These units are organisational structures that correspond to the conscious environment. Again, we find that the importation of disorder, noise, or microdiversity is caused by informal interactions. They seem to be the screen on which the formal communications (decisions) of the system appear, and vice versa. The crucial point is that all organisational communications are observable as decisions, whether they are informal or formal. This creates enormous pressure within organisations. All interactions and behaviour can be observed as decisions. In addition, any action described as a decision can be seen as conforming to or deviating from the history of the system's decisions. The member's consciousnesses have to be highly sensitive to these possibilities of observation.

For the purposes of our discussion, we would like to emphasise that organisations (such as interactions) have to create their identity (their form) by means of a special method that "tames" their transient elements. Again, we can see here the need for the management of time, a cunning combination of structure and event.

(3) The world-society is the only social system whose boundaries are differentiated according to the scheme: communication/non-communication. One side consists of (system-) communications, which are the elements that produce communications and nothing else; the other (the environment) may be whatever it wants to be - with the exception of communication.[18] All social structures must be constituted within the system. Outside these processes and structures, which depend on transient events (communications), there is nothing social. The environment of society is completely non-social. It is the world minus communication. We should remember Luhmann's main thesis that human beings or (in Luhmann's terms) conscious systems do not belong to society. They are--and this is the most surprising point of his theory--non-social, too. They are external to the system of society, which does not include consciousness. Society is a non-conscious system.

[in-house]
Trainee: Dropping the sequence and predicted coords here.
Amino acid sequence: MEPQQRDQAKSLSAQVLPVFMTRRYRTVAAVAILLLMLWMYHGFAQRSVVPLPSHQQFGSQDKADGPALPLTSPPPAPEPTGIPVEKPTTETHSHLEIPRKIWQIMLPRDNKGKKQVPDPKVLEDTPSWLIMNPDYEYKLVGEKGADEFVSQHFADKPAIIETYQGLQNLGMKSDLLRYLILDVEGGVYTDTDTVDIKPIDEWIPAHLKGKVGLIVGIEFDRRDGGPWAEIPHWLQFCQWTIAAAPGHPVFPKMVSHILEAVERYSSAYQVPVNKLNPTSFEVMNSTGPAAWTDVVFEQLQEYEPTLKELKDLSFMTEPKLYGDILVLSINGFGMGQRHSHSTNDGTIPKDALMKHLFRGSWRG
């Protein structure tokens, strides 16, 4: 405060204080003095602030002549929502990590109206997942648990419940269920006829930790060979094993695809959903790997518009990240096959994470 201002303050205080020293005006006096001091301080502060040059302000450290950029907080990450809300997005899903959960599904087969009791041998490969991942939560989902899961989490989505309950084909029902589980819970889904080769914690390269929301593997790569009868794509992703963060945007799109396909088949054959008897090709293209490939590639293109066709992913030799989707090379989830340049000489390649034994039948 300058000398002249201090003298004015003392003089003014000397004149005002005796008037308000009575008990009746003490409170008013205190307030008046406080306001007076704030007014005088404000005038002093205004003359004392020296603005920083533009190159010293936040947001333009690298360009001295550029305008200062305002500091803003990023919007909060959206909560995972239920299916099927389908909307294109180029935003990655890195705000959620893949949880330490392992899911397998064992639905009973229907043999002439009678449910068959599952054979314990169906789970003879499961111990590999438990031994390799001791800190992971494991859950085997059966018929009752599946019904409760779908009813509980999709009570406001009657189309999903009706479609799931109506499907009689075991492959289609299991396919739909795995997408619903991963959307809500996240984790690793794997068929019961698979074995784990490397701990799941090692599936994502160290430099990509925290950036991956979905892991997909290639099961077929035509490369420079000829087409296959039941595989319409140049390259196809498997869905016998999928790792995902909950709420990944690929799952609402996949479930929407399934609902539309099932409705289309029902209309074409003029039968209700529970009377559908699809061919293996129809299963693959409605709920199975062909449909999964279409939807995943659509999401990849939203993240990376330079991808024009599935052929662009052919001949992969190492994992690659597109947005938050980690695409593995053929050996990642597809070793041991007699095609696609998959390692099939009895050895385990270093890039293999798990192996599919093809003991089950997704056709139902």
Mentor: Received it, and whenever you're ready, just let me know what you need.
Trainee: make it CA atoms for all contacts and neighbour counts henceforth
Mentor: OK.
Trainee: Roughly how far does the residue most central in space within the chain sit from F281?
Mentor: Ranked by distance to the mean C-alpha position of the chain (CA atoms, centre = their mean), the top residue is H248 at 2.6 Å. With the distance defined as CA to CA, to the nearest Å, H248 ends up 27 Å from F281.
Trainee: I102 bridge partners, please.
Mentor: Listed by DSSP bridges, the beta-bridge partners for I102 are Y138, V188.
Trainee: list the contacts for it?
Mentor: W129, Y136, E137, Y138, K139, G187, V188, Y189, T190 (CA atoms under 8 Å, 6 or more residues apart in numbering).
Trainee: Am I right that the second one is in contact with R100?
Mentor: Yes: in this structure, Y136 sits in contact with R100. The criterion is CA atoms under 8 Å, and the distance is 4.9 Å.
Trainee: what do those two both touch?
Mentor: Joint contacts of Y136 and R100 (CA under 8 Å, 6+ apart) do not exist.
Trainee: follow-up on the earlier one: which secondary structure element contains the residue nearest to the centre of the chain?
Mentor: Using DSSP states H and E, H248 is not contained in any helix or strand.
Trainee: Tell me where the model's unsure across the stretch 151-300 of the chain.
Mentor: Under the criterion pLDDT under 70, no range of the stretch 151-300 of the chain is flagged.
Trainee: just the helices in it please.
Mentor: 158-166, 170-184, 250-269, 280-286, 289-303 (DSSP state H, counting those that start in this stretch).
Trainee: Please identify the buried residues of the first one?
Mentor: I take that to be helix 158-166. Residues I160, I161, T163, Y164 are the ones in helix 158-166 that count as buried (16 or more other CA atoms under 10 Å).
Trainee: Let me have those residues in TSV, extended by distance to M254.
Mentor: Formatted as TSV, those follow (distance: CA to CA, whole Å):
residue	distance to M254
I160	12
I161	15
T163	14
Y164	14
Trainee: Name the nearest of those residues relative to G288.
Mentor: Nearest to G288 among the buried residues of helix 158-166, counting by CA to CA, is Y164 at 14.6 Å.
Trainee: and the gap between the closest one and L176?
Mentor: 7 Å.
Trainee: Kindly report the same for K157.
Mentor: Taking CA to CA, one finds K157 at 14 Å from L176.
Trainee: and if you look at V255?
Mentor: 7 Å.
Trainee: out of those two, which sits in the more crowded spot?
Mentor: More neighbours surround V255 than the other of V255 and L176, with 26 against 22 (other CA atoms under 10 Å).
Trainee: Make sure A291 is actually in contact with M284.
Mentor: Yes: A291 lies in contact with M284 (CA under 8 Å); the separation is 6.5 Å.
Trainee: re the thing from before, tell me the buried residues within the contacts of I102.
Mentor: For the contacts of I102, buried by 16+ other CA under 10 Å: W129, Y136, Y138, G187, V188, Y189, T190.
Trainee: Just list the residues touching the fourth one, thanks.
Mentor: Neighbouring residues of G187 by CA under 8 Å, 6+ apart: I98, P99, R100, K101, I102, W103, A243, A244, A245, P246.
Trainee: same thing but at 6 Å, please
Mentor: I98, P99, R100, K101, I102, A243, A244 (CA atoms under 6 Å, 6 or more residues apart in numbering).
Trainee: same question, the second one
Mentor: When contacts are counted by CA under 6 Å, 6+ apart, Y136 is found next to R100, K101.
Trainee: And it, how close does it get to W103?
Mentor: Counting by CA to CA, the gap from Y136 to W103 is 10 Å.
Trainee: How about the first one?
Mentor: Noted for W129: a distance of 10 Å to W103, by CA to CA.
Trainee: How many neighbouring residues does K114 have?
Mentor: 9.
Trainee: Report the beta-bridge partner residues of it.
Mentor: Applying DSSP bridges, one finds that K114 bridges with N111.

In any event, society is seen as an unconscious and singular system. To gain structure, guidance, and duration, it can only use its own elements, which are transient events. Society, just like organisation and interaction, has the problem of gaining structure from a constantly-flowing temporality that provides no fixed identities or firm substances. The solution is multi-leveled.

Basically, the acquisition of structure depends on the constitution of a memory for a memory-free system. All autopoietic systems (consciousnesses, social systems, and living systems) are based on events that provide no storage. Events have the quality of a constant dissolution, or more precisely: they have no quality at all. Autopoiesis (at least in meaning-processing systems) is defined by this lack of qualities vis-à-vis its passing elements. Therefore, we can say that the theory we are talking about is a non-ontological theory. Social systems are released from substantial implications. Thus, these systems cannot hold time fast. They cannot even repeat themselves. There is no repetition, but only, if need be, a similarity constituted by an observer of events which can be (only in the case of crisis) remembered.